Neil Carlson on Facebook points to a Jennifer Rubin column on the possibility that so-called County-Club Republicans may be in play. Carlson goes for the heart of Rubin’s column,
“These voters want a good education system, college tuition that does not break the bank, investment in R&D, a dynamic economy (which requires trade, immigration and U.S. leadership in the world), fiscal sanity and a spirit of sensible compromise. They want the U.S. to be respected in the world and not to bask in the approval of tyrants. They don’t want the government doing everything, but they know we aren’t going back to the pre-New Deal era. They support a safety net but want programs to “work” (meaning, result in fewer impoverished people). These are people who navigate in their daily lives by persuasion and compromise, not bullying and insults. They want, in short, some semblance of civil and effective government and international leadership grounded in American values.”
He then adds a point about pro-life that should not be missed by Democrats.
Got me about pegged; add something about respect for faith and respect for life without rigid dogmatism about how policy must reflect such respect, and you’re very close.
Pro-life and concerned with building the common good: I do miss those folk, but I wonder. As a Dem, I’m not sure I want this group, but not for the political reasons one might imagine. Our nation and neighborhoods get far better when two sides can dialogue and even disagree. A discourse expands the potential set of ideas, defeats groupthink, and builds a broad consensus — a real patriotism.
In the meantime, the dangers of a small nation leadership (Make America Great, indeed!), are such that yes, Dems should pursue this group. Regarding Carlson’s point about pro-life, one of the real tragedies has been the shrinking of the pro-life base so that it becomes an ideological property than a matter of common approach. There is a world of good that could be done. In the meantime, as a Dem, welcome.
Monkey Cage explores the post-industrial landscape of the Heartland. Not surprising to those who live here, the political story is mixed (and for the cities, more Democratic).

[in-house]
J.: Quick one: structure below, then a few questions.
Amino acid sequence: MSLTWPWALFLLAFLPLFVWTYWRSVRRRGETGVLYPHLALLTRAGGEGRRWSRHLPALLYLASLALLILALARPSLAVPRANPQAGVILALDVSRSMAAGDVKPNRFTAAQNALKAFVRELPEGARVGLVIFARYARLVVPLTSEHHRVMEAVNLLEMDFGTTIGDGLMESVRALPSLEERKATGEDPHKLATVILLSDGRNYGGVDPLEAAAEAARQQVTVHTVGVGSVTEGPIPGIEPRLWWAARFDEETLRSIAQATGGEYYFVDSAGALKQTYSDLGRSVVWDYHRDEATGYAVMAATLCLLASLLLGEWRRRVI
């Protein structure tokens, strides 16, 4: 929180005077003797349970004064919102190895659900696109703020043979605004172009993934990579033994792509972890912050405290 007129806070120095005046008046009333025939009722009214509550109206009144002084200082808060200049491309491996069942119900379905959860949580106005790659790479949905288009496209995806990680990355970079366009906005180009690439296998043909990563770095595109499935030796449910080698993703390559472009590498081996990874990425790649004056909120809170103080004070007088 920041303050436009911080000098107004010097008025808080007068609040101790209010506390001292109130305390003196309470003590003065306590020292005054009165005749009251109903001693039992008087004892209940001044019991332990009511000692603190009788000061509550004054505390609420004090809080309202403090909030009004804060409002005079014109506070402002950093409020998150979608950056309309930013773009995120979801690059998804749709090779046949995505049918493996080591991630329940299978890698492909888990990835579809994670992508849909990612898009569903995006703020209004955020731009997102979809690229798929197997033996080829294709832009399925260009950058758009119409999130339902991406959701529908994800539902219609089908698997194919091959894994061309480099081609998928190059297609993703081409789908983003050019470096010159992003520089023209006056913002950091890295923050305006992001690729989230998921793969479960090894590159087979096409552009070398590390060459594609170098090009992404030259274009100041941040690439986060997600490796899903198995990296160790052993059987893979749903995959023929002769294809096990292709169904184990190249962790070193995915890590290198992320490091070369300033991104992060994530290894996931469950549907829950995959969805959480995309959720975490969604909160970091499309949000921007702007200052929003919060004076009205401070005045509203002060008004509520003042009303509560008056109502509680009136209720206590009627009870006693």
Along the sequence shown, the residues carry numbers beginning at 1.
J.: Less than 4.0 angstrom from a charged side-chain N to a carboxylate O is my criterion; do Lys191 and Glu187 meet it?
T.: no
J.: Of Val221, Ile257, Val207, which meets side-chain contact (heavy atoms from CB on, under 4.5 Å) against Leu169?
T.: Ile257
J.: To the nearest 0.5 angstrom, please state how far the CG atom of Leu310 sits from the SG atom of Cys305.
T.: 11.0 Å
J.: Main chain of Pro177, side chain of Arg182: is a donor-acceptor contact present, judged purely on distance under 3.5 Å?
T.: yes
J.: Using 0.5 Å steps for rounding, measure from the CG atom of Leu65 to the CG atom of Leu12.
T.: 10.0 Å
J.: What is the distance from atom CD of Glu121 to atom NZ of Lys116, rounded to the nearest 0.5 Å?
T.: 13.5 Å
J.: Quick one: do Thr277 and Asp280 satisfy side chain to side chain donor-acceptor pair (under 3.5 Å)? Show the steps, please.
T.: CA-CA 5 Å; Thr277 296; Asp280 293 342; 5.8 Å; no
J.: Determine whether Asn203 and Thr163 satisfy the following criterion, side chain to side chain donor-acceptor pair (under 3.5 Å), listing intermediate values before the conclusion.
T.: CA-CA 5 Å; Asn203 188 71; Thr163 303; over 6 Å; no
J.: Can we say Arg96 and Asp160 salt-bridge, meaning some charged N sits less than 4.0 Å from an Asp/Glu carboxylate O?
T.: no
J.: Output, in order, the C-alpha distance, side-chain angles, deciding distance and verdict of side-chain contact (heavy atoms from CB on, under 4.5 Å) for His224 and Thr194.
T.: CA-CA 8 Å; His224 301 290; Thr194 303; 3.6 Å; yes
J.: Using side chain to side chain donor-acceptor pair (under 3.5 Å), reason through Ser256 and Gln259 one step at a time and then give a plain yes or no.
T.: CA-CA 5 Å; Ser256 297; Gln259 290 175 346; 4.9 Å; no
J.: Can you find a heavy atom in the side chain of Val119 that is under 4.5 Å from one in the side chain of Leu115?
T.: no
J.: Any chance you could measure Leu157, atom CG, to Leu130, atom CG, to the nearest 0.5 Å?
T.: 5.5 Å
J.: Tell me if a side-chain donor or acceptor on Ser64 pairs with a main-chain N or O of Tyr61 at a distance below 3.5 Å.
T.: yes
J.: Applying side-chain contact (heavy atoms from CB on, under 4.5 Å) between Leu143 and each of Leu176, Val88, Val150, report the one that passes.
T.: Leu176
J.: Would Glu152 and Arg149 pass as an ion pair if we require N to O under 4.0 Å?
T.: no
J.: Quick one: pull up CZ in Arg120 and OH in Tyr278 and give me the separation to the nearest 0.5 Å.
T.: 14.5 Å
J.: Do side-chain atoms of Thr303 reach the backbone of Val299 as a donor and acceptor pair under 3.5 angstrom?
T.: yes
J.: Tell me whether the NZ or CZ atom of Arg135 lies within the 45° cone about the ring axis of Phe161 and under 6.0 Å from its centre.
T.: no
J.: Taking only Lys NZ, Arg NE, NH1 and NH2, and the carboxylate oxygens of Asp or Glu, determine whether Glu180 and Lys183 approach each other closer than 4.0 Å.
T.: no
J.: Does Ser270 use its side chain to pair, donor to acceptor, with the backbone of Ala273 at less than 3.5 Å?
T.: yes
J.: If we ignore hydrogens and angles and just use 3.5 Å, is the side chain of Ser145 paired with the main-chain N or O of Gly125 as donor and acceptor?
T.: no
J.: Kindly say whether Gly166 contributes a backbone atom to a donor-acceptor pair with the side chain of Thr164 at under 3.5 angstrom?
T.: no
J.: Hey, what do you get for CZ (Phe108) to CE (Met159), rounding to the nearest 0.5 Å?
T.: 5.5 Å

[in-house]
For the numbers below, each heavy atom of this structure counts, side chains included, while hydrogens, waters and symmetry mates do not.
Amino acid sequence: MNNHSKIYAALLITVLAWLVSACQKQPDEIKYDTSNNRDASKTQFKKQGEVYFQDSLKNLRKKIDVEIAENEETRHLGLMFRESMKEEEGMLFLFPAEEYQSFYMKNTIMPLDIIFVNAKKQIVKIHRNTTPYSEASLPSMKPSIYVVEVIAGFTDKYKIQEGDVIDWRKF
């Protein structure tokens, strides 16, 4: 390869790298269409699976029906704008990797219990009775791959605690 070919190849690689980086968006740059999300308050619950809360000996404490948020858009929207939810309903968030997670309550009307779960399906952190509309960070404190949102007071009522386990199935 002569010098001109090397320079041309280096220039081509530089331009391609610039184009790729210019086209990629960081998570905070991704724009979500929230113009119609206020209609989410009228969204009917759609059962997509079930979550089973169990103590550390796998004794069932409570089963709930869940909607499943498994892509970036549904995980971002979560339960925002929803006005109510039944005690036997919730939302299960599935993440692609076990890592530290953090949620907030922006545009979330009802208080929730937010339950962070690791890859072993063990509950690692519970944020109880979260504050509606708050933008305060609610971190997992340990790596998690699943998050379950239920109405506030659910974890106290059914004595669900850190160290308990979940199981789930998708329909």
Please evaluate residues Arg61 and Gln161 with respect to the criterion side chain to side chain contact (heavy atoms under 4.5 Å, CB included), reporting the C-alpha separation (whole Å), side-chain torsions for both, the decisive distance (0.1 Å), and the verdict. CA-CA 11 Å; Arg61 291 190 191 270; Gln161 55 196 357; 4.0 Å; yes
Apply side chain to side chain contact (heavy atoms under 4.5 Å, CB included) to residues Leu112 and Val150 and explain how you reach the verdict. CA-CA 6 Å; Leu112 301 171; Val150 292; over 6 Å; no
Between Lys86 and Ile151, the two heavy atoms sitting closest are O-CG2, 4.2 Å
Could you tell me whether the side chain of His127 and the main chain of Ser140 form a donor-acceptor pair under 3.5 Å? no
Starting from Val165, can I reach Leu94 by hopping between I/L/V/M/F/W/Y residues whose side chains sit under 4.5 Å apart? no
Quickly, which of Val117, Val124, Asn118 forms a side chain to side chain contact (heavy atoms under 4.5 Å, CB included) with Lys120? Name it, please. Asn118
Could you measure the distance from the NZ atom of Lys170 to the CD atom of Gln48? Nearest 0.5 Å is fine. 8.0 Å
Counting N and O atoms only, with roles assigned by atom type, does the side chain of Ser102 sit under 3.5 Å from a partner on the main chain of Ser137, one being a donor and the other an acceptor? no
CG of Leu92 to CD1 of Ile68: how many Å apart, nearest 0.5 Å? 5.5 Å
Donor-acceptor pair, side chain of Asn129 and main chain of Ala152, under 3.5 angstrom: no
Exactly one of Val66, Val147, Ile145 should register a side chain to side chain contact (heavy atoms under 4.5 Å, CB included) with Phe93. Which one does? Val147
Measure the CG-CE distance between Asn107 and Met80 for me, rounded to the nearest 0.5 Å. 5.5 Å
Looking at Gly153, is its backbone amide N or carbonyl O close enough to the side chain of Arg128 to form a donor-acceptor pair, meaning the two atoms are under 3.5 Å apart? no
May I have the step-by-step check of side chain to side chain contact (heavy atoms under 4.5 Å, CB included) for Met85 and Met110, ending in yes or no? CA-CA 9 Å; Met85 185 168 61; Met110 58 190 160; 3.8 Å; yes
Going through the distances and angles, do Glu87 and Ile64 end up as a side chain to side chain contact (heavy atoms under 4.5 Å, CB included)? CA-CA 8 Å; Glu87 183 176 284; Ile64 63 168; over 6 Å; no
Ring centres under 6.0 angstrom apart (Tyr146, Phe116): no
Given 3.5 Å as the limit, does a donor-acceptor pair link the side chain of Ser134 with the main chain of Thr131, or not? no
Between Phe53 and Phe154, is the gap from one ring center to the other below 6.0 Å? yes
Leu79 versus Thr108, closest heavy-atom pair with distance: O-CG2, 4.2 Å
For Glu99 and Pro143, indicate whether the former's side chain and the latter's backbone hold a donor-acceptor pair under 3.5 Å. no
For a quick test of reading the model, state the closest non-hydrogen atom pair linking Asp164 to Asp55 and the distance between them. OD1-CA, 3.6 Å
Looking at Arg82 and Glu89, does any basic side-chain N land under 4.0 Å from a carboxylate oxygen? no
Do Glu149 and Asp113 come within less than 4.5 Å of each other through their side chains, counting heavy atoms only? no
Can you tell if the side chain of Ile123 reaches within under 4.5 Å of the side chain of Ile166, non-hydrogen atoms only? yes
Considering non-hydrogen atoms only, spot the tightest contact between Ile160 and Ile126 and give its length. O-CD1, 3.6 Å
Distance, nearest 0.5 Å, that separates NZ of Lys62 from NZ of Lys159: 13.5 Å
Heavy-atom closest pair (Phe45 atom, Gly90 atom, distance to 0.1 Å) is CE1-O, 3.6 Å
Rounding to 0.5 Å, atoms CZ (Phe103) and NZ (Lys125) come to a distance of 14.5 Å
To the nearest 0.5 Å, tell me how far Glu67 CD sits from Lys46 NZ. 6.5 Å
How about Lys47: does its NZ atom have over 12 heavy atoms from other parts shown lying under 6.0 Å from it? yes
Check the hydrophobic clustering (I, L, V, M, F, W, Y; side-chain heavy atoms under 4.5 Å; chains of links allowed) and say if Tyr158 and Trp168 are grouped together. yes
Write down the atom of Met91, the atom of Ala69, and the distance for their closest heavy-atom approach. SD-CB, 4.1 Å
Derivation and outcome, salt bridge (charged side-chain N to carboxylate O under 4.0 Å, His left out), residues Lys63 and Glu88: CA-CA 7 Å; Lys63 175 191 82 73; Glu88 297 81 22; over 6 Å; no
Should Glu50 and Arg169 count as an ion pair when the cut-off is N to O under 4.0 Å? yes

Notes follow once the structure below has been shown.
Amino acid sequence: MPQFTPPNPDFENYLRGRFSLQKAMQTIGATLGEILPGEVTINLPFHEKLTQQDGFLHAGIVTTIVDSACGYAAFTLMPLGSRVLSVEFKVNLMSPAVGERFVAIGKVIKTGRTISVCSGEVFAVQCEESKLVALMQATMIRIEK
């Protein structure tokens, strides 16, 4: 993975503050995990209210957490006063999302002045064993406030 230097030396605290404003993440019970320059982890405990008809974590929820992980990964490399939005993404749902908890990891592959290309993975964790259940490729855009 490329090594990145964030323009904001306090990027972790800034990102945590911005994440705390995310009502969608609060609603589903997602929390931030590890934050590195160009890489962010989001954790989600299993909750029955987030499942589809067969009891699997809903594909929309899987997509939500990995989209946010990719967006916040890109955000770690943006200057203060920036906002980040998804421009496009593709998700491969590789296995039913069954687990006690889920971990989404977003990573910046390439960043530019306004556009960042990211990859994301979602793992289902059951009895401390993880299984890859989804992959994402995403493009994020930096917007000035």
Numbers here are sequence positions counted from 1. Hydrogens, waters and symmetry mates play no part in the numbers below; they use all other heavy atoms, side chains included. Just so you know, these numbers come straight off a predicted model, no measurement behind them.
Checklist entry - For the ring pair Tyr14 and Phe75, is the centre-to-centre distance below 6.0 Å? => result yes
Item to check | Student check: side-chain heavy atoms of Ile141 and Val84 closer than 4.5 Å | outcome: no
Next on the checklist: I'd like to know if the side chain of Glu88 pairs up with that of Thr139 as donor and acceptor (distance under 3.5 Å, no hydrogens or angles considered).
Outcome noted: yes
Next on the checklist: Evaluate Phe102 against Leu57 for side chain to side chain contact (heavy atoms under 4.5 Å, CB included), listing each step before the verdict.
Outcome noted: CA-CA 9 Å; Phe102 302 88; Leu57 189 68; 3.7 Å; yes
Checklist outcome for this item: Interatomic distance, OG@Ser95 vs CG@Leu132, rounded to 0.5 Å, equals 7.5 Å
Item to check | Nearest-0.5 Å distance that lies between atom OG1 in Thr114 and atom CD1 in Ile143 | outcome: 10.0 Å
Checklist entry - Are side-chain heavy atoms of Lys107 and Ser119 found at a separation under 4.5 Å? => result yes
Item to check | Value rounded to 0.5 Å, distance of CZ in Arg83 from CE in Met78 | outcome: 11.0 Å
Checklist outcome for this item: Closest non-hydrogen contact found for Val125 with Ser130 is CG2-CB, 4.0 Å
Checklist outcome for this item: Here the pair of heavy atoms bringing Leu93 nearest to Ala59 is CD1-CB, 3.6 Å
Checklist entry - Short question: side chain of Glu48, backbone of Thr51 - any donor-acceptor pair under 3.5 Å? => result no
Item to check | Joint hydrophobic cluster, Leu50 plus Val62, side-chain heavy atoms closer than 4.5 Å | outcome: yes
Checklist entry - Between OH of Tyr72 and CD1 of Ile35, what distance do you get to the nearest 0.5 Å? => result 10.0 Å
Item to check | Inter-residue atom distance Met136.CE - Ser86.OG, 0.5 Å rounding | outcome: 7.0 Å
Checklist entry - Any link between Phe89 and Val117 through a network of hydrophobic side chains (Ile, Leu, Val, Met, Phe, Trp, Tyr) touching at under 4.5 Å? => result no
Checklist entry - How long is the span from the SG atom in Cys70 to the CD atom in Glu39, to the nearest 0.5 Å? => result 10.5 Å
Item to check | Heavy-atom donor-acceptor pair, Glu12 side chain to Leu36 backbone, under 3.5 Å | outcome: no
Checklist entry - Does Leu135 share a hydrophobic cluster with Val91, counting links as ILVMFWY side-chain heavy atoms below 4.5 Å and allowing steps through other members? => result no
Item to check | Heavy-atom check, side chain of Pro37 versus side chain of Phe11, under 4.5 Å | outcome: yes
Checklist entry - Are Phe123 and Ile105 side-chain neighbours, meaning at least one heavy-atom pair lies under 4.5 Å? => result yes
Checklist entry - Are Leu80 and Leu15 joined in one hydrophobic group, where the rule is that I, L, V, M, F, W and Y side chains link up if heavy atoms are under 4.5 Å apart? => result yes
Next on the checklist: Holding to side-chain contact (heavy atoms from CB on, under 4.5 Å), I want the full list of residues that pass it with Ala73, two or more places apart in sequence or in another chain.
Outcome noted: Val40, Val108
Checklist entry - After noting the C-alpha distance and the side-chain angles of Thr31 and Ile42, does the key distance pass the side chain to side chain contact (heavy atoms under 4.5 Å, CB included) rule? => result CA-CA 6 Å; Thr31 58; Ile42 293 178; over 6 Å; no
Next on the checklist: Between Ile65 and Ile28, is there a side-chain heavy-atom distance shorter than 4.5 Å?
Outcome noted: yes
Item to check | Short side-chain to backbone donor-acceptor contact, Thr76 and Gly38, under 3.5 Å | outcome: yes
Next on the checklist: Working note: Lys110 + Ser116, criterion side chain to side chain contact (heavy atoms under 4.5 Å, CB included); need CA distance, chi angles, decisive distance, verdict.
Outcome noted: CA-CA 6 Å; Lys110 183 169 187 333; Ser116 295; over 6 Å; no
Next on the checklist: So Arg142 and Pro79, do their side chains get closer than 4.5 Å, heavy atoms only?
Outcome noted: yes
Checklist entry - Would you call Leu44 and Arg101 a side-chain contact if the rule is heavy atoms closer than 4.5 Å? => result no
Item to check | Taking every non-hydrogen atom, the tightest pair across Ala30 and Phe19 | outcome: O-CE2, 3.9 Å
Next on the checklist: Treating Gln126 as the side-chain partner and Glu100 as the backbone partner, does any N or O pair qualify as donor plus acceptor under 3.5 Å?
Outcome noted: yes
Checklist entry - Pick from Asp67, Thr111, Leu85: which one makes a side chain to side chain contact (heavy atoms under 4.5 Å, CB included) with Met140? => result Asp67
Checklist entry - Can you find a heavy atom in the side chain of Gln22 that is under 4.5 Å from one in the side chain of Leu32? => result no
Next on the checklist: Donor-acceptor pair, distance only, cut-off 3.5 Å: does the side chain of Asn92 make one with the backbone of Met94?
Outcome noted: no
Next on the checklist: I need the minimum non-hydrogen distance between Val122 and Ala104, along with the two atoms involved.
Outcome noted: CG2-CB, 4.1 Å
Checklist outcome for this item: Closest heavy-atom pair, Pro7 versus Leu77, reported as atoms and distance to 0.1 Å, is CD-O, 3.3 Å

Clinton lost crucial Midwestern swing states in large part because of a significant collapse of Democratic support outside of major city centers.
Author Jonathan Rodden goes on to conclude
One of the clearest lessons from 2016 is that the Democrats cannot win the crucial swing states just by running up the score in the biggest cities. They will need to reinvest in understanding the heterogeneous areas beyond the city limits.
Reports of raids, of mothers ripped from homes, families broken.
Some folks got seriously wrong ideas about the Second Amendment , — what police officer wouldn’t respect the rights of a hood wearing, body armored, open carrying citizen walking into the station? At least they lived to tell about it. Oh, and then there what was seized:
Officers seized a loaded AP-14 firearm, a rifle magazine containing 47 rounds, a loaded Glock 19 handgun with four additional magazines containing 66 rounds, body armor and ballistic vests, the ski mask, a gun belt, several pieces of camera equipment, an AR-15 rifle and an AK-47 style rifle.
Open Carry advocates recognized immediately, there is protection, and then there is the sort of craziness.
It’s no surprise that the President follows the same path as he had in business. After 50+ years, you go with what has worked for you. The challenge is learning that the skills that served one so well elsewhere, the entrepreneurial, relational, and certainly the hyperbolic are insufficient for leading a large enterprise like the national government. It is something of the distinction Max Weber makes between charismatic and bureaucratic leadership.
Two takes on the challenging first week reveal problems.
In what is surely news to the jaded world, the Washington Post reports that Raymond Burse, interim president of Kentucky State took a pay cut. A $90,000 pay cut, so that the minimum wage employees could have their pay raised to $10.25. He buys more than gratitude, it builds solidarity in the institution. At a time of cynicism and increasing separation, this is a throwback to the older standards of solidarity by which all stand or fall in the organization.